General Question

emjay's avatar

How does one break free of their mental problems?

Asked by emjay (681points) December 9th, 2013

I have an abandonment complex…
And a “my mommy didn’t love me” complex.
I’ve been thinking lately, both of those play a pretty big part in who I am today. It takes a lot for me to let people in or trust someone even a little. I don’t stand up for myself and I don’t have a lot of self value. I feel like most of these are pretty common stories. How do other people break free of these issues? Coping suggestions? Anything?

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15 Answers

snowberry's avatar

I took several courses through Landmark Forum. It was amazing.

khajuria's avatar

By thinking that this is all normal and a part of life. It teaches us and opens before us bewildering ways to look at things and think about our own mental perceptions. You can also feel good if you read some books on mind, hypnosis, behaviorism, psychology and spirituality, to name a few.
One thing more, don’t let your mind think about it with a negative perception…Rather, say that It Served You A Purpose.

emjay's avatar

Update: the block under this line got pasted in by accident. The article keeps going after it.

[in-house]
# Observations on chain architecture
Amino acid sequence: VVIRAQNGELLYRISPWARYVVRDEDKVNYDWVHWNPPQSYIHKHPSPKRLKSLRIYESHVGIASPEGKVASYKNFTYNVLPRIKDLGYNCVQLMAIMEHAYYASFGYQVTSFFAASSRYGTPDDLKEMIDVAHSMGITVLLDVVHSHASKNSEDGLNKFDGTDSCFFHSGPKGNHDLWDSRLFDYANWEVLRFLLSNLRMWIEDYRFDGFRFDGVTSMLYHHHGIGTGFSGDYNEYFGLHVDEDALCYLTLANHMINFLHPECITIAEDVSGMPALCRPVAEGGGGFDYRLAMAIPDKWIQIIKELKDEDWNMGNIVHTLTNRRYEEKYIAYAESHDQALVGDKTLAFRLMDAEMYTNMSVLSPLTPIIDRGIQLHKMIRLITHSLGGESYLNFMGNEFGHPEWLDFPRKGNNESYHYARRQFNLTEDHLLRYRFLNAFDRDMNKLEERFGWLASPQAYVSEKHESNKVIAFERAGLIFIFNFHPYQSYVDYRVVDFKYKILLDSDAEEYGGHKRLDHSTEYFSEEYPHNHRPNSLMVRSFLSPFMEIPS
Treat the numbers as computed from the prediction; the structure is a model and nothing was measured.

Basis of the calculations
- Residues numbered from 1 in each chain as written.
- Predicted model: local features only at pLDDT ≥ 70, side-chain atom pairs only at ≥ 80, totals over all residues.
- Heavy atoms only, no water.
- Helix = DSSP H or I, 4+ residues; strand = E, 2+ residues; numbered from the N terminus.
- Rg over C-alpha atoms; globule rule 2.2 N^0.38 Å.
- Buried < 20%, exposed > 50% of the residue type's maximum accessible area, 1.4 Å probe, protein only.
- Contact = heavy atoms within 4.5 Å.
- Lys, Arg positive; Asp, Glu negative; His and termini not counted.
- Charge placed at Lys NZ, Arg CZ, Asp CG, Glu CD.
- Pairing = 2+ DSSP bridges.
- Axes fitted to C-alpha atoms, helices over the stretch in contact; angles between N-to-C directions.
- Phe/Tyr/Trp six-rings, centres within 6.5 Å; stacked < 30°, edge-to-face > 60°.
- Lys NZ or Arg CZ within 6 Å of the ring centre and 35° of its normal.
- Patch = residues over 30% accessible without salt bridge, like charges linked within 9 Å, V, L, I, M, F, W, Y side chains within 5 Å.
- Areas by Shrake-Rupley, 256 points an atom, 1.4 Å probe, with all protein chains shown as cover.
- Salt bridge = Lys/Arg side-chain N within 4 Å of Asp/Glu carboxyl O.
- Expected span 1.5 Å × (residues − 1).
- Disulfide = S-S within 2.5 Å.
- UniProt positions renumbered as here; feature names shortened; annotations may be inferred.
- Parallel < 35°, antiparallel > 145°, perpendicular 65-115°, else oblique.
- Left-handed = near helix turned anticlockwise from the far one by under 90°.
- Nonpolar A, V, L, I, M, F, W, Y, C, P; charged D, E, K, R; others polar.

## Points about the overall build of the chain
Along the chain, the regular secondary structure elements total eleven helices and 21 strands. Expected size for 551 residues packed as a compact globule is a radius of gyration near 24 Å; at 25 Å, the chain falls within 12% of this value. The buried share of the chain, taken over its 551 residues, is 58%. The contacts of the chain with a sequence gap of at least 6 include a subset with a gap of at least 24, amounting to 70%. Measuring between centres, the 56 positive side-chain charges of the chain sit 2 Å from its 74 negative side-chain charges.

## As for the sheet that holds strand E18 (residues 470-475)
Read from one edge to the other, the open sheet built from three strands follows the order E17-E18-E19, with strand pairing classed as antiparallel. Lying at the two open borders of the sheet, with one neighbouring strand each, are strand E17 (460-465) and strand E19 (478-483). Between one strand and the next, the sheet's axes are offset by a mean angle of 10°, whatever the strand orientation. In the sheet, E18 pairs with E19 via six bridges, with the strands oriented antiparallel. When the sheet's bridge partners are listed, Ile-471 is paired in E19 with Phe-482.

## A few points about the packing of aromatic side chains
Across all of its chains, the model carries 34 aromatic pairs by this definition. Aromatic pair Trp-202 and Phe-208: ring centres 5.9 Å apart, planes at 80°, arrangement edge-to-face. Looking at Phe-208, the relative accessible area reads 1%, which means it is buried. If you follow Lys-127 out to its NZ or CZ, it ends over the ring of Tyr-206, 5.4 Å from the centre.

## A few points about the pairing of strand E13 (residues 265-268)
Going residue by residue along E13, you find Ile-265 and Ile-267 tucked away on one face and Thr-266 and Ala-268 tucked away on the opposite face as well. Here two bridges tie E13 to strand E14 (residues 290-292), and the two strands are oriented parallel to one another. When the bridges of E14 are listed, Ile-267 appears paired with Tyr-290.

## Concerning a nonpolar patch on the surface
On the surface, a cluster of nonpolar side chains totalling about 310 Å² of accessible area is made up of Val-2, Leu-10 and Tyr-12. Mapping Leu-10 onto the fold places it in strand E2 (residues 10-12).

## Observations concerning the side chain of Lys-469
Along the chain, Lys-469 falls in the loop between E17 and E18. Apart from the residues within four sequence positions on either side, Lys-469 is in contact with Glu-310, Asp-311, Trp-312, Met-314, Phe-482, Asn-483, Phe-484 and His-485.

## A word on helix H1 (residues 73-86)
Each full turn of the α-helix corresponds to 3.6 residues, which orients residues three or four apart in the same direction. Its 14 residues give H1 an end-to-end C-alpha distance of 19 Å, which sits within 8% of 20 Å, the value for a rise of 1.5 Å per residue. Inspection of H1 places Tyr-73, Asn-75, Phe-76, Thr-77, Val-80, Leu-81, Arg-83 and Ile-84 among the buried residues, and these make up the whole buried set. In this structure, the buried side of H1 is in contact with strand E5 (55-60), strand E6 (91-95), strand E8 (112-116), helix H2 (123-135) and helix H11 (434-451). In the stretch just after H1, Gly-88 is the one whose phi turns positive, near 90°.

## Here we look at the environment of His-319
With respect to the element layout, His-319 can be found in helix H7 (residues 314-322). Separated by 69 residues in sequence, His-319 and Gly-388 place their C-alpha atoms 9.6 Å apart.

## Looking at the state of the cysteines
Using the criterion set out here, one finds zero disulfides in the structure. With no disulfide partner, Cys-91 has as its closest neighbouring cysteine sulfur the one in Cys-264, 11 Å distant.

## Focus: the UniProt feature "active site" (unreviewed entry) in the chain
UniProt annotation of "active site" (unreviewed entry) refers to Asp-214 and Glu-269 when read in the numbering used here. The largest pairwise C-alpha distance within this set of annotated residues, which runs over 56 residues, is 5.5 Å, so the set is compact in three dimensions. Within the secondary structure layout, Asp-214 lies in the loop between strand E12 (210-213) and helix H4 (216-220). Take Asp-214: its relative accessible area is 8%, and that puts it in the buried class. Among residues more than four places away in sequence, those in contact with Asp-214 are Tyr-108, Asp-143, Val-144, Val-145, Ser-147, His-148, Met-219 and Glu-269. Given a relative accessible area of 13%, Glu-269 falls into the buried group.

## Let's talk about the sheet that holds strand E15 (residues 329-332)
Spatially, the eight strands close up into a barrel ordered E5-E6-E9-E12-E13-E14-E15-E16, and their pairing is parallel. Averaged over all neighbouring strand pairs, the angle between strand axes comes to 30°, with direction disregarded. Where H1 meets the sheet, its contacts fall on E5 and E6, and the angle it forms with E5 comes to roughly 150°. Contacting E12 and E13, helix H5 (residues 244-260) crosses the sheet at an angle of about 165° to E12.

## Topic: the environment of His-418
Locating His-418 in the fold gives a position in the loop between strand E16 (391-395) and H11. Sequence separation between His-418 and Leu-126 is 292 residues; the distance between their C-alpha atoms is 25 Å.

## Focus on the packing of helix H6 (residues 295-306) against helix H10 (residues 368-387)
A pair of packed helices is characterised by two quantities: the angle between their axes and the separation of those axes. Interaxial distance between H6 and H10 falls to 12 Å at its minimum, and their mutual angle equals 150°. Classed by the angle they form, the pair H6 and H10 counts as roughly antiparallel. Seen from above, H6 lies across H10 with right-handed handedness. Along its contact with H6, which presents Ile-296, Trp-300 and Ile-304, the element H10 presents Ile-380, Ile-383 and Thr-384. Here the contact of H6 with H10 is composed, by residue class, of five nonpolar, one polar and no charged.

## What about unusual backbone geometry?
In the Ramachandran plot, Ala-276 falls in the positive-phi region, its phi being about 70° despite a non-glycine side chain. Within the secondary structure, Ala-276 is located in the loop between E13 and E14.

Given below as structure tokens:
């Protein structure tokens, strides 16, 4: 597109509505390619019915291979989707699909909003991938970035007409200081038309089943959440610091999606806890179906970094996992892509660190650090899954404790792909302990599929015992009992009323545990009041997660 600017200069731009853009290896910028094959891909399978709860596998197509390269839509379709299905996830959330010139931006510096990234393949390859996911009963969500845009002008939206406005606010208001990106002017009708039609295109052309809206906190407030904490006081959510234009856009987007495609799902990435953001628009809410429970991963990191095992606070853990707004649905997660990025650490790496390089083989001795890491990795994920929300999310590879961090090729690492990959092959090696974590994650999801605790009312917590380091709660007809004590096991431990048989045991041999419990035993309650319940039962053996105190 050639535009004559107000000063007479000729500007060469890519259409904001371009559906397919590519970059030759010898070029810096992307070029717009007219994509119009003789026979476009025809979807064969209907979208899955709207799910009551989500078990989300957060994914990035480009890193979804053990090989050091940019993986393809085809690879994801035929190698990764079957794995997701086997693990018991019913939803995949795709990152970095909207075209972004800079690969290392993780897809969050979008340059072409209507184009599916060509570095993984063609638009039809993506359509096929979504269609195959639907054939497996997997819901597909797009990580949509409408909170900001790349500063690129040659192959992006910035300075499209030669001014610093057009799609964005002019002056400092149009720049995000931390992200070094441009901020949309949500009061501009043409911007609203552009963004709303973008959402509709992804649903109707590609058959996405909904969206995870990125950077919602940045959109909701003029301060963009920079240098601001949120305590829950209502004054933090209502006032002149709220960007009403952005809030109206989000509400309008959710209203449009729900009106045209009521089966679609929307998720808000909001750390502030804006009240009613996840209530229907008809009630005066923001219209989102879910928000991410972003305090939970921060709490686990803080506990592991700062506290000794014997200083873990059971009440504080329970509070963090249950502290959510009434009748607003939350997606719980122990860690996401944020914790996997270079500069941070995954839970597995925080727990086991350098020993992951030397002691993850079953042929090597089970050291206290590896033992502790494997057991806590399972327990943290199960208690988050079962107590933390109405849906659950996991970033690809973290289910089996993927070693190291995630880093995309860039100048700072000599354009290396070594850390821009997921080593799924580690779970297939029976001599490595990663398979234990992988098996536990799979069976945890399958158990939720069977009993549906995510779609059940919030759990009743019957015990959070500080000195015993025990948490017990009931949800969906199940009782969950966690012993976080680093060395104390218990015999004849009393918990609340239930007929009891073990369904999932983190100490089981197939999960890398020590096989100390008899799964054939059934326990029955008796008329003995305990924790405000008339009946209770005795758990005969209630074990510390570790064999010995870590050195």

@snowberry, googled “landmark forum” second result: “is it a cult?” Lol.

KNOWITALL's avatar

My mom sent me to poise classes and modeling classes to build my self-esteem, it worked to a degree, but what really helped was saying ‘F—- it, I’m going to be me’.

You can look in the mirror every morning and tell yourself you are beautiful, you are worthy of happiness and you are intelligent (or whatever you have issues with.) Self affirmations are powerful! Write them on your rerigerator or mirror, etc…

I had daddy issues, was very shy, a tad overweight as a pre-teen, braces, contacts and poor fashion sense. You can evolve into anything you wish as you mature. Although I still have a very hard time getting close with people and trusting anyone, I’m not sure that will change for me personally, but it may for you.

DWW25921's avatar

I’ve embraced my issues for years. I find if you’re open about it to folks it helps weed out the friendship deadwood when you’re in need. Some of my best friends have had serious issues. I would just say accept who you are first and rely on people second. I’ve been known to be very “clingy” to folks and feel devastated at personal losses as well. It’s a real pain but I move on and deal with it because I know I’m a fantastic person! I find that accepting who you are as a person makes all other decisions, changes and situations a little more amiable.